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A speech error, commonly referred to as a slip of the tongue (Latin: lapsus linguae, or occasionally self-demonstratingly, lipsus languae) or misspeaking, is a deviation (conscious or unconscious) from the apparently intended form of an utterance. They can be subdivided into spontaneously and inadvertently produced speech errors and intentionally produced word-plays or puns. Another distinction can be drawn between production and comprehension errors. Errors in speech production and perception are also called performance errors.
Speech errors are common among children, who have yet to refine their speech, and can frequently continue into adulthood. They sometimes lead to embarrassment and betrayal of the speaker's regional or ethnic origins. However, it is also common for them to enter the popular culture as a kind of linguistic "flavoring". Speech errors may be used intentionally for humorous effect, as with Spoonerisms.
Within the field of psycholinguistics, speech errors fall under the category of language production. Types of speech errors include: exchange errors, perseveration, anticipation, shift, substitution, blends, additions, and deletions. The study of speech errors contributes to the establishment/refinement of models of speech production.
Speech errors are made on an occasional basis by all speakers. They occur more often when speakers are nervous, tired, anxious or intoxicated. During live broadcasts on TV or on the radio, for example, nonprofessional speakers and even hosts often make speech errors because they are under stress. Some speakers seem to be more prone to speech errors than others. For example, there is a certain connection between stuttering and speech errors. Charles F. Hockett explains that "whenever a speaker feels some anxiety about possible lapse, he will be led to focus attention more than normally on what he has just said and on what he is just about to say. These are ideal breeding grounds for stuttering." Another example of a “chronic sufferer” is Reverend William Archibald Spooner, whose peculiar speech may be caused by a cerebral dysfunction, but there is much evidence that he invented his famous speech errors (spoonerisms).
An outdated explanation for the occurrence of speech errors is the one of Sigmund Freud, who assumed that speech errors are the result of an intrapsychic conflict of concurrent intentions. “Virtually all speech errors [are] caused by the intrusion of repressed ideas from the unconscious into one’s conscious speech output”, Freud explained. This gave rise to the expression Freudian slip. His theory was rejected because only a minority of speech errors were explainable by his theory.
|Addition||"Additions add linguistic material."||
Error: We and I
|Anticipation||"A later segment takes the place of an earlier segment."||
Target: reading list
Error: leading list
|Blends||Blends are a subcategory of lexical selection errors. More than one item is being considered during speech production. Consequently, the two intended items fuse together.||
|Deletion||Deletions or omissions leave some linguistic material out.||
Target: unanimity of opinion
Error: unamity of opinion
|Exchange||Exchanges are double shifts. Two linguistic units change places.||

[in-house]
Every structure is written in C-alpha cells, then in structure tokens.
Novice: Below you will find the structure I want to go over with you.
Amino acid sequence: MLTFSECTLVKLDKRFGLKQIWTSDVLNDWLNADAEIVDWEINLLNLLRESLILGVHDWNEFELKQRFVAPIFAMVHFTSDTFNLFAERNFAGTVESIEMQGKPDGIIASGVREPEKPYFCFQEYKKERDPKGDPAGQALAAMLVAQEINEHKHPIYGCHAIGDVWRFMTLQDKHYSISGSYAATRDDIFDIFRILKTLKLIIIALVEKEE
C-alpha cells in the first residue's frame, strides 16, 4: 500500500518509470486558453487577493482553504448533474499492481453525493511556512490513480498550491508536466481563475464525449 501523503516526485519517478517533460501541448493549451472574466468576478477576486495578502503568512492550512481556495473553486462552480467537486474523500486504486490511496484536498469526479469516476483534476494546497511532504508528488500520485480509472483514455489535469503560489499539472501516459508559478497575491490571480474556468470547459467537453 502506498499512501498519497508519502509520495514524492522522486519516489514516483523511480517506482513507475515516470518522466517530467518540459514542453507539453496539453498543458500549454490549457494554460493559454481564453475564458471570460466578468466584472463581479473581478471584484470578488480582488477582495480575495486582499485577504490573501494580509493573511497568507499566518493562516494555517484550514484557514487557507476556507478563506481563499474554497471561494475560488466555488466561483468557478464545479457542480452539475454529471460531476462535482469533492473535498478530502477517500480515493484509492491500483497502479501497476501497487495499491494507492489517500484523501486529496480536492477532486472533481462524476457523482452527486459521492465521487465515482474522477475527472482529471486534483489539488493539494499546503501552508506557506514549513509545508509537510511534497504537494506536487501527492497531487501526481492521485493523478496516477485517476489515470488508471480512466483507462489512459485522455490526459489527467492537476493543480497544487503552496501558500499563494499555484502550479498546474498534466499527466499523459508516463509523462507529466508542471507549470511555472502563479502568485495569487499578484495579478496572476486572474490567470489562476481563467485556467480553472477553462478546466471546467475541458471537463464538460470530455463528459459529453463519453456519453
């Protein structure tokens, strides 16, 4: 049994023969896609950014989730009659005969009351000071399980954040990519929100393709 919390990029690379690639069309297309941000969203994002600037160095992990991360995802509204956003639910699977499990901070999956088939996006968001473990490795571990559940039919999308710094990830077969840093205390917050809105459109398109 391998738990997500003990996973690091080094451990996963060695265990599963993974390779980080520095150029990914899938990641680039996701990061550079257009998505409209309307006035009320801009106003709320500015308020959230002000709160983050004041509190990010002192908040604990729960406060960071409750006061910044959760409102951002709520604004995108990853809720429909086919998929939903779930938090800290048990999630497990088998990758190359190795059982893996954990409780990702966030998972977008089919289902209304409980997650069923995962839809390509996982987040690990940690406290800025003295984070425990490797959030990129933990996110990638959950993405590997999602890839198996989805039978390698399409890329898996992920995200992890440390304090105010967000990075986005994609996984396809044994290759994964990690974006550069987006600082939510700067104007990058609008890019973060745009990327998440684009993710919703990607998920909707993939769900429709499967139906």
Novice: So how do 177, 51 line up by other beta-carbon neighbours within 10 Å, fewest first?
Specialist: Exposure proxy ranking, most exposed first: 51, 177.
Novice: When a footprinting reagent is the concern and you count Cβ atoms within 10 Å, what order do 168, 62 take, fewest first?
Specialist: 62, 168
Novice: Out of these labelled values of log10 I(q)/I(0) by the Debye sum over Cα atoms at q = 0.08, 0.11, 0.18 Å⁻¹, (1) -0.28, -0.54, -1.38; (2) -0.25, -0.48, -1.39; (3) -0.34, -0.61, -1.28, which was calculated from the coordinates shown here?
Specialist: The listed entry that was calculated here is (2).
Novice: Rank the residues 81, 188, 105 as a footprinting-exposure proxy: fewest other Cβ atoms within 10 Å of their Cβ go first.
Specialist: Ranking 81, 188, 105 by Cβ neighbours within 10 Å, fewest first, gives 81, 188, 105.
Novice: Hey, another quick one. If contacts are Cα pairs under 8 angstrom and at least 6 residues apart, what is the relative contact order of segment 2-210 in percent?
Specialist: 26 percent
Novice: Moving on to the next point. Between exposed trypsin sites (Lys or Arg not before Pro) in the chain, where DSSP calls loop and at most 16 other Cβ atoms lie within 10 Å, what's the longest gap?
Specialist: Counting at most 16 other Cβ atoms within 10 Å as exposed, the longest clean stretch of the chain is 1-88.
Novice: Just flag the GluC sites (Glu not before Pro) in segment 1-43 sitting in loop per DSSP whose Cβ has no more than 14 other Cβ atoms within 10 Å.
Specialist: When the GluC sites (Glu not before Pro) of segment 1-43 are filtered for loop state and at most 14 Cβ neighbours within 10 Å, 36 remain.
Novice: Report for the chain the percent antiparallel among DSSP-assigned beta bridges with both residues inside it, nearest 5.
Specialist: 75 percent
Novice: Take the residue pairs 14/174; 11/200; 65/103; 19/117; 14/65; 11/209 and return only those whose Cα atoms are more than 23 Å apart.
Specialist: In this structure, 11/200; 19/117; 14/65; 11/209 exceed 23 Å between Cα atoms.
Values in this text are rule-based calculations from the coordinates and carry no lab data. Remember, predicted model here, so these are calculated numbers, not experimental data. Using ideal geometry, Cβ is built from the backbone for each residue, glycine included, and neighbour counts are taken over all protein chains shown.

Target: getting your nose remodeled
Error: getting your model renosed
|Lexical selection error||The speaker has "problems with selecting the correct word".||
Target: tennis racquet
Error: tennis bat
|Malapropism, classical||The speaker has the wrong beliefs about the meaning of a word. Consequently, he produces the intended word, which is semantically inadequate. Therefore, this is a competence error rather than a performance error. Malapropisms are named after 'Mrs. Malaprop', a character from Richard B. Sheridan’s eighteenth-century play The Rivals.||
Target:The flood damage was so bad they had to evacuate the city.
Error: The flood damage was so bad they had to evaporate the city.
|Metathesis||"Switching of two sounds, each taking the place of the other."||
Target: pus pocket
Error: pos pucket
|Morpheme-exchange error||Morphemes change places.||
Target: He has already packed two trunks.
Error: He has already packs two trunked.
|Morpheme stranding||Morphemes remain in place but are attached to the wrong words.||
Target: He has already packed two trunks.
Error: He has already trunked two packs.
Target: She can’t tell me.
Error: She can tell me.
|Perseveration||"An earlier segment replaces a later item."||
Target: black boxes
Error: black bloxes
|Shift||"One speech segment disappears from its appropriate location and appears somewhere else."||
Target: She decides to hit it.
Error: She decide to hits it.
|Sound-exchange error||Two sounds switch places.||
Target: Night life [nait laif]
Error: Knife light [naif lait]
|Spoonerism||A spoonerism is a kind of metathesis. Switching of initial sounds of two separate words. They are named after Reverend William Archibald Spooner, who probably invented most of his famous spoonerisms.||
Target: I saw you light a fire.
Error: I saw you fight a liar.
|Substitution||One segment is replaced by an intruder. The source of the intrusion is not in the sentence.||
Target: Where is my tennis racquet?
Error: Where is my tennis bat?
|Word-exchange error||A word-exchange error is a subcategory of lexical selection errors. Two words are switched.||
Target: I must let the cat out of the house.
Error: I must let the house out of the cat.
|Distinctive or phonetic features||
Target: clear blue sky
Error: glear plue sky (voicing)
|Phonemes or sounds||
Target: ad hoc
Error: odd hack
|Sequences of sounds||
Error: foon speeding
Target: I hereby deputize you.
Error: I hereby jeopardize you.
Target: The sun is shining./The sky is blue.
Error: The sky is shining.
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